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Popular Science: What unearthing ancient cities teaches us about exploring outer space

UC archaeologist Steven Ellis' use of flying drones with built-in 4K cameras over Pompeii is spotlighted in the magazine's Out There edition

a man wearing a blue shirt and tan pants stands in front of roman ruins

University of Cincinnati archaeologist Steven Ellis is among a “new generation of investigators” featured in the current Out There issue of Popular Science.  The story, which examines cutting-edge nondestructive techniques used by archaeologists in unearthing the beleaguered city of Pompeii, profiles Ellis and his fellow researchers’ use of flying DJI drones with built-in 4K cameras over the ancient ruins to capture 3D images. The technique, called photogrammetry, re-creates the sites in 3D. Off-the-shelf scanning software then lets them merge 2D photographs with measurements taken on-site to achieve complete environments.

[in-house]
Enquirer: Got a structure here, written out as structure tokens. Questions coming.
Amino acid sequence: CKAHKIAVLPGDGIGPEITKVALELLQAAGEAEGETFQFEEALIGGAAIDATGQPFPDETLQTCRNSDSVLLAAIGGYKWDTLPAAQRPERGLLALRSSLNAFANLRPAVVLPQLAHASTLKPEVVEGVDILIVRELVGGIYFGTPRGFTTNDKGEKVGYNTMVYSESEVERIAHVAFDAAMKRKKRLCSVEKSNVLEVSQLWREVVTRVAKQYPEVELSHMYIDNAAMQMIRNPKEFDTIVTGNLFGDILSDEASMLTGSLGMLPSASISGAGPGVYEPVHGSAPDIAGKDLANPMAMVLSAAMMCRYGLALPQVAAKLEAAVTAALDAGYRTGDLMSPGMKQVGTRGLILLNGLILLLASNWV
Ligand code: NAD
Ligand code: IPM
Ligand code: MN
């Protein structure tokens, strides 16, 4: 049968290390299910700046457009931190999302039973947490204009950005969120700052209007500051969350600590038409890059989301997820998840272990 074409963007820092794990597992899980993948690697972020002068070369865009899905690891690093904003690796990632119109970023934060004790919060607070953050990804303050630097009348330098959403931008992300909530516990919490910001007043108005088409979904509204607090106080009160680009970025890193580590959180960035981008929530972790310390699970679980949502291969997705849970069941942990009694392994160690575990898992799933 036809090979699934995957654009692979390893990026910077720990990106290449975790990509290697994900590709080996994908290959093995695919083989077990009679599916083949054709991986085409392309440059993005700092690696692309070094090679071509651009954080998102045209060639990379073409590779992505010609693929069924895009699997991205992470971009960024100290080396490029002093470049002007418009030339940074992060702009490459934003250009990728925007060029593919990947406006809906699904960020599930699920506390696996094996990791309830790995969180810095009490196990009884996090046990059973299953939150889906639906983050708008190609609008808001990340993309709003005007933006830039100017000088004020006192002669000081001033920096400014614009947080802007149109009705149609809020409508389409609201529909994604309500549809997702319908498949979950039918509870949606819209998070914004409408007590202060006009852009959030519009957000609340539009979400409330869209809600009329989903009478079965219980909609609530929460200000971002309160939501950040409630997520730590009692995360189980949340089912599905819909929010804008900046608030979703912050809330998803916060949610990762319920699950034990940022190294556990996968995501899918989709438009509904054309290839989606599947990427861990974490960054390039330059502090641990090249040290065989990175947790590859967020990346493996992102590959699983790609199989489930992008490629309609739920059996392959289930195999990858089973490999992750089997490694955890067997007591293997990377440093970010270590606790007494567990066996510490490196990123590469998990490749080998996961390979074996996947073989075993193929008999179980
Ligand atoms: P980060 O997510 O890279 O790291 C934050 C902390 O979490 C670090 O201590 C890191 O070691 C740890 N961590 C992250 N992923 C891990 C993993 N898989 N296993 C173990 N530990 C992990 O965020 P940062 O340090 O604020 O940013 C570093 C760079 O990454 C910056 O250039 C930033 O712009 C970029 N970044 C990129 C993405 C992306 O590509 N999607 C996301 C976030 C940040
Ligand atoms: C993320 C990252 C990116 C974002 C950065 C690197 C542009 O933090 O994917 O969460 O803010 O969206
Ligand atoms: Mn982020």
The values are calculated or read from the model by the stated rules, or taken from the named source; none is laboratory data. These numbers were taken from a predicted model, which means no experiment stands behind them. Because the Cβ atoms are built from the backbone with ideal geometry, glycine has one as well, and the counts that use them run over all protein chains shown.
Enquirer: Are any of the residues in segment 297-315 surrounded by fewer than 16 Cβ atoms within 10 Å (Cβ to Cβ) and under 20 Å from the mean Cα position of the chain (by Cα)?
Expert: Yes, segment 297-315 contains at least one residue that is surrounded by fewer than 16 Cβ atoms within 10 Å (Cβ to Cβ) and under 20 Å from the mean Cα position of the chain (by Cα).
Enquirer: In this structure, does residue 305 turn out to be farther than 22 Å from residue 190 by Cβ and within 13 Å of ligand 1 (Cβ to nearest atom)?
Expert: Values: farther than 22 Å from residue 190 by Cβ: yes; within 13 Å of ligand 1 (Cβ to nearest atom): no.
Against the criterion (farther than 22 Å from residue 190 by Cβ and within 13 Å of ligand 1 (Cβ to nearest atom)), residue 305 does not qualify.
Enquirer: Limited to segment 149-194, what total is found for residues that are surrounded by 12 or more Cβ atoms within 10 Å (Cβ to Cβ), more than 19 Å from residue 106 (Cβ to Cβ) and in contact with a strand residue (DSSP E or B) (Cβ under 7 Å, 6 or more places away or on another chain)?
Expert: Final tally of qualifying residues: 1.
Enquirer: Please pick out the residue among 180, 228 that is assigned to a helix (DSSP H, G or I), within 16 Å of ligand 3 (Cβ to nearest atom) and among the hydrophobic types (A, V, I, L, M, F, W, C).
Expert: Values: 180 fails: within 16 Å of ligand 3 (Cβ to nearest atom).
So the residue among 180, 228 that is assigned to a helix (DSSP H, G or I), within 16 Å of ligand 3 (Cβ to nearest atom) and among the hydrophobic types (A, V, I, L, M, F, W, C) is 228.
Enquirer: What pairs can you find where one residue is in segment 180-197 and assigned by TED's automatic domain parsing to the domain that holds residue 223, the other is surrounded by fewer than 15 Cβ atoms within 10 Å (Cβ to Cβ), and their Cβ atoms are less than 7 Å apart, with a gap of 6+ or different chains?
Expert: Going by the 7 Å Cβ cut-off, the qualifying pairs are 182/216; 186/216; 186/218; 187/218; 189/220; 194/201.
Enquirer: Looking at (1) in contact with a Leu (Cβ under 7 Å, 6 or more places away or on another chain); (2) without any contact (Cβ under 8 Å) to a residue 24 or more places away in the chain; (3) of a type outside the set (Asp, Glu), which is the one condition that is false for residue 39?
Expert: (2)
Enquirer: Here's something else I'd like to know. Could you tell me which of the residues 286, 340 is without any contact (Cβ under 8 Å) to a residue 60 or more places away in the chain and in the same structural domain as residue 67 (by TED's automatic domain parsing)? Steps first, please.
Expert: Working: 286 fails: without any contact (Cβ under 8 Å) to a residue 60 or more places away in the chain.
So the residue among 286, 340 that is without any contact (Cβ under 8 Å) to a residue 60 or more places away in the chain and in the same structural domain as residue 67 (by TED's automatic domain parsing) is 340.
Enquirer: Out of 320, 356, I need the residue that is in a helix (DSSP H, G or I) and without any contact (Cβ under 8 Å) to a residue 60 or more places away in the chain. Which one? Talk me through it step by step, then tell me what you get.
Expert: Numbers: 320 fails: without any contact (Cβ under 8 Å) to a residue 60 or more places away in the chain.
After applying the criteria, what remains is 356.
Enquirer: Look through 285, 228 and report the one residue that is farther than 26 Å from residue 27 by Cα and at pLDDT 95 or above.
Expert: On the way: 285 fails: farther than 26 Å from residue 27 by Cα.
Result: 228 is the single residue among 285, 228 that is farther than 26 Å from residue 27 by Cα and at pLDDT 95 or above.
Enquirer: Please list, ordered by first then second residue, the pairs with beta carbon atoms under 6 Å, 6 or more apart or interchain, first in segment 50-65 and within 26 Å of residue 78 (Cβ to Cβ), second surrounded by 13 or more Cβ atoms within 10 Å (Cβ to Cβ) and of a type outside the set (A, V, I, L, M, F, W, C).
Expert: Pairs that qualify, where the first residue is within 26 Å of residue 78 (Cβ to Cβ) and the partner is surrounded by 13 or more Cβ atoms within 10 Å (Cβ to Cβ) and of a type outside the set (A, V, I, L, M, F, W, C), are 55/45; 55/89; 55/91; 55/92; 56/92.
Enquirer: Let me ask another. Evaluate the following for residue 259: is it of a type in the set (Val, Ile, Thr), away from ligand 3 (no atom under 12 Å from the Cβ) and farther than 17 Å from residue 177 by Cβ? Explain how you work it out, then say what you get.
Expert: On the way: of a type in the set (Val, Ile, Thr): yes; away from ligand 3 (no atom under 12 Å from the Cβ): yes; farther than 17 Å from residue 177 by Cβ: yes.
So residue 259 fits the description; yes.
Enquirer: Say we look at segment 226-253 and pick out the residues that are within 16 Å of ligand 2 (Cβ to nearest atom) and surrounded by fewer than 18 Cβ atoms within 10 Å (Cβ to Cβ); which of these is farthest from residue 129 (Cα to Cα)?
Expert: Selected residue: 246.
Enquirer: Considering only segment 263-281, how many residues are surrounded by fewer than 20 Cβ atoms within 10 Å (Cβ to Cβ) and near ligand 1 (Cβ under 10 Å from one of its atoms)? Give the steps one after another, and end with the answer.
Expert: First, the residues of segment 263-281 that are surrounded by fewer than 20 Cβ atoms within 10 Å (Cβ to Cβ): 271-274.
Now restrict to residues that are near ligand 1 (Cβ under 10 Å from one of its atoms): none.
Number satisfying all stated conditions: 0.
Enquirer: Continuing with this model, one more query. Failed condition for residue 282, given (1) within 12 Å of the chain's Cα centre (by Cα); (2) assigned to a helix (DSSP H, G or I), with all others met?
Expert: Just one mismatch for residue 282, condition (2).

Through the years, Ellis and his colleagues have worked to piece together full rooms and neighborhoods in the once thriving city. Thousands of photographs, old and new, have allowed them to create a virtual model of Via Stabiana, a major ­artery leading to a gate out of northwest Pompeii.

Ellis, an associate professor of classics, and team are now working to use ground-penetrating radar to help fill in the gaps of the ancient metropolis, one-third of which remains buried.

Read the story here.

Featured image at top: Bars, shops, and fast-food joints once lined the streets of Pompeii. Residents running errands would cross the dirty roads on raised stone ­crosswalks. Robert Harding/Alamy Stock Photo